Yesterday found me in a strange school, acting as a judge for an English song festival of students I had never met before.

How did that happen?

In other news, for some reason they’ve been cutting down all the trees at my school. during school hours. with chainsaws.

Well, a few weeks ago, one of the English teachers that I’m not co-teaching with this semester approached me and asked me for some help. Of course I’m willing to help! “I’m having an English song fest and I need help with the posters.” So, we sat down and talked about who, what, when, why, etc. At one point, I suggested a flashy title (Name of our school’s) Got Talent!

Then she told me that, actually, this English song fest was going to take place at her other school. You see, many teachers in Colombia work two shifts, the morning shift from, say, 6:30 am – 12:30 pm, and an afternoon shift from 1:00 pm – 7:00 pm. Some teachers will even work the night shift from about 7:00 pm – 10:00 pm. These shifts are generally worked at different schools. Good luck grabbing lunch!

So, here I am with a teacher who I haven’t really worked with that much, but who I will be working with more closely come July, who wants me to make posters and who knows what else, for a school and a community that is not my school, or my community. And which is also probably a private school.

Another segway, we Peace Corps volunteers in Colombia have a much different situation than most other Peace Corps volunteers. With around a million people living in Cartagena, I can’t very well give everyone one-on-one lessons in English for free (and I’ve had lots of people expect me to do just that). I also can’t reasonably work at my school and another place all the way across town (I’m pretty you can take a bus for an hour and still be in Cartagena). There are also lots of people in Cartagena that are really wealthy (It’s not that I don’t want to teach you English one on one for free, but really, you could go take classes at the Colombo Americano. I think you have enough money if you are living in Boca Grande). So, what is my community? Is it my neighborhood? Is it my school? Is it just the students at the school? Sometimes I feel like if I were living in a village of 5,000 some people, like my hometown Adel, it might be easier to see where to get involved.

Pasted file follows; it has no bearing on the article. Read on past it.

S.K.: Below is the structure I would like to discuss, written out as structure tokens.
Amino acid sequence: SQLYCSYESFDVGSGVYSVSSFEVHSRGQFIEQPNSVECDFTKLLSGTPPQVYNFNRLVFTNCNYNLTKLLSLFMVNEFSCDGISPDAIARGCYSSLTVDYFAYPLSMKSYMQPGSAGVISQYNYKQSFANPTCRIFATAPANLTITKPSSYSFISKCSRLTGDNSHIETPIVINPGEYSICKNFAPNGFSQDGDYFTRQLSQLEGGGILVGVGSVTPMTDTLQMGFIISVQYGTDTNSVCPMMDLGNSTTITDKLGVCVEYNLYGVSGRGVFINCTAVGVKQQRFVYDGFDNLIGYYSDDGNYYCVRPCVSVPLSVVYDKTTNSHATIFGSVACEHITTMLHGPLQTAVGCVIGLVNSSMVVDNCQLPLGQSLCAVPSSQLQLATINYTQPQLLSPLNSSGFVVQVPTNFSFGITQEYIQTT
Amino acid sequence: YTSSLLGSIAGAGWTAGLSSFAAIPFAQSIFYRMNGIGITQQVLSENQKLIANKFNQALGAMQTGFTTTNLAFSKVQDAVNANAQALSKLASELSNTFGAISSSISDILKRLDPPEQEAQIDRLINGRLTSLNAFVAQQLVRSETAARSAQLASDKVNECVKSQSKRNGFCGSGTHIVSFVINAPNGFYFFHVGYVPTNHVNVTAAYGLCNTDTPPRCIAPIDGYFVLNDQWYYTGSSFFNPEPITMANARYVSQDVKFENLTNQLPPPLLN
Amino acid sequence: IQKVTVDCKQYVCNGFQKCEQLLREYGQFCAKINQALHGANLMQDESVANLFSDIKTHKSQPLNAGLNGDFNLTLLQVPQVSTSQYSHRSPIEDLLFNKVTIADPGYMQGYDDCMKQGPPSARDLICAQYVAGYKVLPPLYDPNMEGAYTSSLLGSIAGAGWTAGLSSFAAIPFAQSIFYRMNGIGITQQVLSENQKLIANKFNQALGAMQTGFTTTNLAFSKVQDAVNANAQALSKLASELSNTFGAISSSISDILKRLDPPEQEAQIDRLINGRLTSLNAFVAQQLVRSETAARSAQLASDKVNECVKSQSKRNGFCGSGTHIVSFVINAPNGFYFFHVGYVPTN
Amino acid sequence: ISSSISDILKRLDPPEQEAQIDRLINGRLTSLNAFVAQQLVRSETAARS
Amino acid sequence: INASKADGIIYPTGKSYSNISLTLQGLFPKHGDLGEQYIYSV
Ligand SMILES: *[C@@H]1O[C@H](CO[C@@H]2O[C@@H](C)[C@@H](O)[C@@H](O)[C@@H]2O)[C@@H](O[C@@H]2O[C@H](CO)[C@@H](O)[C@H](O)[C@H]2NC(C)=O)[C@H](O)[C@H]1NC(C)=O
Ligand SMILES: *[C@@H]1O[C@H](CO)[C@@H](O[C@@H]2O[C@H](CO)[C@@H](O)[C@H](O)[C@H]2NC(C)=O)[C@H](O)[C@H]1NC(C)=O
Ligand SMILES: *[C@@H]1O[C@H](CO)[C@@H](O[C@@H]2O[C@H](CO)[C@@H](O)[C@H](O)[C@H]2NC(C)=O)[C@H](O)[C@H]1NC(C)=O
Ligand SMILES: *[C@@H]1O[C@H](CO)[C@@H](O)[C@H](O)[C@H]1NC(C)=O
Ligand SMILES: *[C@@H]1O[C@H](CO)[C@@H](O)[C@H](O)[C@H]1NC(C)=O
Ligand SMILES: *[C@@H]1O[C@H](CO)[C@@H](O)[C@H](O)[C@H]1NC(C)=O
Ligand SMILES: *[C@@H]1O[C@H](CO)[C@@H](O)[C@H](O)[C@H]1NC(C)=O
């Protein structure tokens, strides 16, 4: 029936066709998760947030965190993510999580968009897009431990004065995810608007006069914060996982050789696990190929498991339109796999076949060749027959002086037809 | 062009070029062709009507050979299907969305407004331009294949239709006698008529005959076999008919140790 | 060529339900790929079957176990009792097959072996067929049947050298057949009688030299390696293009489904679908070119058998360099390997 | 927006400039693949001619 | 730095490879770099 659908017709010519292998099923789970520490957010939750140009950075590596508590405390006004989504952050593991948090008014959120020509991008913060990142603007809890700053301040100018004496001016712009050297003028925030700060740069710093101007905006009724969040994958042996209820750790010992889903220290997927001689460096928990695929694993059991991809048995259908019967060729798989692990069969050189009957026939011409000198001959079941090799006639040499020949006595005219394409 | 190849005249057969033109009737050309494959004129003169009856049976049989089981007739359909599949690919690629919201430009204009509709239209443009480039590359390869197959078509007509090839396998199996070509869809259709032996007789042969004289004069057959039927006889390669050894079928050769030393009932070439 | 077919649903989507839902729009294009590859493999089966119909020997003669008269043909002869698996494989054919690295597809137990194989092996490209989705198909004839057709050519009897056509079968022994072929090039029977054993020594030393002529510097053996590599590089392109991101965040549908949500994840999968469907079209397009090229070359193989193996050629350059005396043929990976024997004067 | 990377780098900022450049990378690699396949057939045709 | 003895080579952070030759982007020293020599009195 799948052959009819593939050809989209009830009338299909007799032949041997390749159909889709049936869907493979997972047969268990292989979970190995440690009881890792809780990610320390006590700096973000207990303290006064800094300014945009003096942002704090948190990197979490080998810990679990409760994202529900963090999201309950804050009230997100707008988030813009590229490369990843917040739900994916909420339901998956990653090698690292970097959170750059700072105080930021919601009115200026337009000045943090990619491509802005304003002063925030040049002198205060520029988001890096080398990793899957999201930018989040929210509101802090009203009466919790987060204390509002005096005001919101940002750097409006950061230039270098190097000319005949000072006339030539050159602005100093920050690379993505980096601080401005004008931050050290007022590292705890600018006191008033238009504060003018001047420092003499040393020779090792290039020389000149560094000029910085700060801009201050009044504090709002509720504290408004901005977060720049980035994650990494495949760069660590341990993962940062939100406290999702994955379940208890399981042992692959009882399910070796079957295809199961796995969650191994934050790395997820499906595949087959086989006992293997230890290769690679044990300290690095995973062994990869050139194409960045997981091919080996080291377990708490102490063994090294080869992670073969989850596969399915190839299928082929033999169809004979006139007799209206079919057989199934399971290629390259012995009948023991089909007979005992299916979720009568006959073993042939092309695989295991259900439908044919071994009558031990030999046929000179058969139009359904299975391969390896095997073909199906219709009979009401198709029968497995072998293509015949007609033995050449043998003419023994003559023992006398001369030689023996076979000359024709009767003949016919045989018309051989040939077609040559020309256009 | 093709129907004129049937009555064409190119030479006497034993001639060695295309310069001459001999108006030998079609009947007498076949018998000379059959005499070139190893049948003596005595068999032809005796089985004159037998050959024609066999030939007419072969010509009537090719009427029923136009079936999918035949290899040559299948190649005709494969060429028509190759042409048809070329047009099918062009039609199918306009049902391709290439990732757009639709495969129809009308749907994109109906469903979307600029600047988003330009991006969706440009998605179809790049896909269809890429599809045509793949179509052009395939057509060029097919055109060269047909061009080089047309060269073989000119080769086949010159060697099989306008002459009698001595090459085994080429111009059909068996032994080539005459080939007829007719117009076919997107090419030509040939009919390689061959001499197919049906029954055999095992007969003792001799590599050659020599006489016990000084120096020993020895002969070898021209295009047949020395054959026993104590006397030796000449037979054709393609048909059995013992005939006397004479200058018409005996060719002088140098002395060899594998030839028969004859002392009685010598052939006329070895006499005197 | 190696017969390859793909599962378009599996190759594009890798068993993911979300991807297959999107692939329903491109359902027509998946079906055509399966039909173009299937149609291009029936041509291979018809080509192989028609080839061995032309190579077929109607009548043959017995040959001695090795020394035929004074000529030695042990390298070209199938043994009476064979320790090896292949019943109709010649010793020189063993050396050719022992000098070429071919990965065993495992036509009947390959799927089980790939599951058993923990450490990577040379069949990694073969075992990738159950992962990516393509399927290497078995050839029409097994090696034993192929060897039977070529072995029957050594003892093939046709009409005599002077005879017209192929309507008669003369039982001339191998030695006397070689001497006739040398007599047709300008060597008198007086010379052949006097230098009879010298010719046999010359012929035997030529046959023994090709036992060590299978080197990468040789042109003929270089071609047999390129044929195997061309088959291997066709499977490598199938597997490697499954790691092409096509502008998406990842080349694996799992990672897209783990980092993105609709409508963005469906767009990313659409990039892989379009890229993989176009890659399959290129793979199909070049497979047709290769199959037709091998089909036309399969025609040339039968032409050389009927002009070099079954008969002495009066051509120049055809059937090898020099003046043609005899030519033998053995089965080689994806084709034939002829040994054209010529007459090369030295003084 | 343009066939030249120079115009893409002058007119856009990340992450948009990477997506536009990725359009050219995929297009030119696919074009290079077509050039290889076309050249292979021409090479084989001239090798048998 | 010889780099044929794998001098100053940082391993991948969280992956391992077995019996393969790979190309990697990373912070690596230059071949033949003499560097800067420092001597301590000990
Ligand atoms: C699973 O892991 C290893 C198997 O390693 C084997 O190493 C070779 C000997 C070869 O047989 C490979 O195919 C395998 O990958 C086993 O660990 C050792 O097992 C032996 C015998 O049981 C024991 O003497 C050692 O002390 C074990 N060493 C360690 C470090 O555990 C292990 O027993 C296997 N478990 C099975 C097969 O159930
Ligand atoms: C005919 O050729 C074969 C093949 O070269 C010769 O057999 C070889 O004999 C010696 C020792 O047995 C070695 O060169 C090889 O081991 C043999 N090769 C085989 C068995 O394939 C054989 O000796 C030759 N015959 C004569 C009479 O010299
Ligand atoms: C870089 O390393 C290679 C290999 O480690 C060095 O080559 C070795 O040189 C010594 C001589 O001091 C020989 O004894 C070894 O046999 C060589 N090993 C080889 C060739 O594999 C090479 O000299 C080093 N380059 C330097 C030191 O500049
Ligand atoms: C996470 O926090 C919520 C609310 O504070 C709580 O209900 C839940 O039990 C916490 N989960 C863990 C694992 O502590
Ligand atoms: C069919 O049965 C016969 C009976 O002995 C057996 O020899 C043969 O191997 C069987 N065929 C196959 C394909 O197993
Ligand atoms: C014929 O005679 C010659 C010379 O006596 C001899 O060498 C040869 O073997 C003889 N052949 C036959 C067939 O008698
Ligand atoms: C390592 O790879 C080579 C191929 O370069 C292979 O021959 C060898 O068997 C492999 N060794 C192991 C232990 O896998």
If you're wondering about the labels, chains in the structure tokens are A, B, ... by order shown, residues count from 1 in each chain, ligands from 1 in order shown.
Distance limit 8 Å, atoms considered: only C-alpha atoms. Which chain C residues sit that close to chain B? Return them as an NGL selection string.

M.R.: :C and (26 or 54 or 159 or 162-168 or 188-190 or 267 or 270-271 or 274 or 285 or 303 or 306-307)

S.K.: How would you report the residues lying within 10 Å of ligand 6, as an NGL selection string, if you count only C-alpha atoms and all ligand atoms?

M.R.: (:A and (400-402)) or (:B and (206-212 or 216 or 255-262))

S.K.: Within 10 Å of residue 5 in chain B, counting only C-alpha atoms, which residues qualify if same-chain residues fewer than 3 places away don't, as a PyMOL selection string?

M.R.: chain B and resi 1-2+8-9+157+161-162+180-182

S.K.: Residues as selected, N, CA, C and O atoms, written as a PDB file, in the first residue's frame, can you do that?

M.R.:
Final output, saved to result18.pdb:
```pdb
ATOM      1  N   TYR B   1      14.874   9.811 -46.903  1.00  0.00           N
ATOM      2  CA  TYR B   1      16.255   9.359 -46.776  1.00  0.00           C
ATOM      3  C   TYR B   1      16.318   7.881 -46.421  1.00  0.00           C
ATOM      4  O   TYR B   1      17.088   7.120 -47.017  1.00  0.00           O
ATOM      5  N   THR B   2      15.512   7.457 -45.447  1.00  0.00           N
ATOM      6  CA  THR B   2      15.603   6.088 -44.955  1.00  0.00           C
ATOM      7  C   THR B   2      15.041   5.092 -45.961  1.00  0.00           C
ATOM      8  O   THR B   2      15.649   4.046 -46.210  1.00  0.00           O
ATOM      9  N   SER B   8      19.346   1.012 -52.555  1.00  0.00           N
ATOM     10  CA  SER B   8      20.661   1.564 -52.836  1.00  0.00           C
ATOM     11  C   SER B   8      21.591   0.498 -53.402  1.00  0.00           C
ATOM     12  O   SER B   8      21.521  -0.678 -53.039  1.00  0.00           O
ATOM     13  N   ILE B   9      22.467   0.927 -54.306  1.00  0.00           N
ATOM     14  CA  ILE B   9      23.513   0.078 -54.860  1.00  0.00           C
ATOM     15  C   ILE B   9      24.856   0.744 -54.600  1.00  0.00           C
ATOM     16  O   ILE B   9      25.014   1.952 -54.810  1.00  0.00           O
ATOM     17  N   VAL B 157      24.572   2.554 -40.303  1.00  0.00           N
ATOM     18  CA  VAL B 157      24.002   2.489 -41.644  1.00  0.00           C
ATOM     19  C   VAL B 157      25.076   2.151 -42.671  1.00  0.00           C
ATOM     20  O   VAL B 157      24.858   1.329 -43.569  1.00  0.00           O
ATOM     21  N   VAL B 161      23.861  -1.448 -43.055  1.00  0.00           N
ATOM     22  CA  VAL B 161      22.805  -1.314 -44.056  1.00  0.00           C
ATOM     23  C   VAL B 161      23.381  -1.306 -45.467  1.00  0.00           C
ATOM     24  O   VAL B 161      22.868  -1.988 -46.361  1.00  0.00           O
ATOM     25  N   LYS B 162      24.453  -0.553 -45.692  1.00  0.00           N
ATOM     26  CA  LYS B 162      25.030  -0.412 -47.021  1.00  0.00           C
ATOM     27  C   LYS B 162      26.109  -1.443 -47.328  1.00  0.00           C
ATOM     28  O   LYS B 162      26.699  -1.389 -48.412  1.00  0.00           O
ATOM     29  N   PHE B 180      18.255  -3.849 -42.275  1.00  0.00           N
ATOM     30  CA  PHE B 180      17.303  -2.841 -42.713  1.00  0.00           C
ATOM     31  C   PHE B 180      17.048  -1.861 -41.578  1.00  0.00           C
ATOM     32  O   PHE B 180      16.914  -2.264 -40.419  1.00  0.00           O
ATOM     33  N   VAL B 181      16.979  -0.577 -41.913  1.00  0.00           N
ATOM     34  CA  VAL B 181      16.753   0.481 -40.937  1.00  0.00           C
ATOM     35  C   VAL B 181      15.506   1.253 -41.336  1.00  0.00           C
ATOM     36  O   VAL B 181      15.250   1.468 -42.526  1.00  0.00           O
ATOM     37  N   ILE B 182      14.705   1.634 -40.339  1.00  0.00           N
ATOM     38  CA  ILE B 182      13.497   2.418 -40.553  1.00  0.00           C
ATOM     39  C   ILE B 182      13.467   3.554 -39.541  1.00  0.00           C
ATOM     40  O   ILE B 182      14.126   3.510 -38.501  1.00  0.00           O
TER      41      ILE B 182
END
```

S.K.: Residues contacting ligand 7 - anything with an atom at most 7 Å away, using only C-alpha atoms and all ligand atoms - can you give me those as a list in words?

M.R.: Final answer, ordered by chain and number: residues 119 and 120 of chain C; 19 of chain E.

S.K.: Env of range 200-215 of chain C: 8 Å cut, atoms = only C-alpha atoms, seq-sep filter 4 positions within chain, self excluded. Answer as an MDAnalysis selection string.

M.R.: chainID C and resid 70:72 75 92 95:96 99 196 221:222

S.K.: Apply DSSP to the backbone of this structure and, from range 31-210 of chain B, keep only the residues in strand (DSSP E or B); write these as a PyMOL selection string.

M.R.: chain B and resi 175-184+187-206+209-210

11th grade practicing the roleplay

Well, I helped her with what she might write on the posters, but I stopped short of actually making the posters. I feel that this is an acceptable compromise for me.

Fast forward to Tuesday. The teacher in question comes up to me and tells me that the English festival is tomorrow, and she could use my help making a Powerpoint. Well okay. I help with that, even though it makes me late for class. Luckily “late” is not really something that matters in my school. Later, she asks me if I can help her review a script for the presenters. I agree, even though I’m waiting for my English club students to come (who are my pride and joy). Later, she asks me if I can watch her students from her other school present a role play, and to help re-write the script.

And, oh yeah, can you be a judge at the English Festival tomorrow?

So, in my capacity as an actual Native English Speaker, I got to judge the talent show.

She also asked my 11th graders if they would present a dialogue that they did for the Dia del Idioma almost a month ago at the Festival the very next day. Surprise! It’s a great opportunity! Let’s use the rest of our class time today to practice.

Waiting for the bus at the Transcaribe station. Remind me to write a blog post about Transcaribe and how it doesn’t exist.
We’re actually waiting for a student to bring the poster that we forgot at the school. Then we will cross two lanes of traffic without a crosswalk or stop light and then we will catch a bus.

Well, I met up with the 11th graders, and, after about an hour of milling around and waiting for the various persons to show up, we embarked. We got to the other school, but realized that we didn’t have President Obama, a key actor in our “A Conversation with President Obama” dialogue.  I went in to be a judge, hoping that Mr. Obama would show up.

Luckily he did, and all went well. There were a fair share of people who could not sing singing, but there were also some quite talented people, singing songs, in English!  And, one of my 11th graders did an impromptu rendition of  a song in English when the judges asked if anyone else wanted to show off their skills. It ended up being quite fun, although I didn’t really do anything as a judge.

Sometimes interesting things happen to me, even when I’m not looking for them.

Sometimes these things happen even when I try my best to get out of them.

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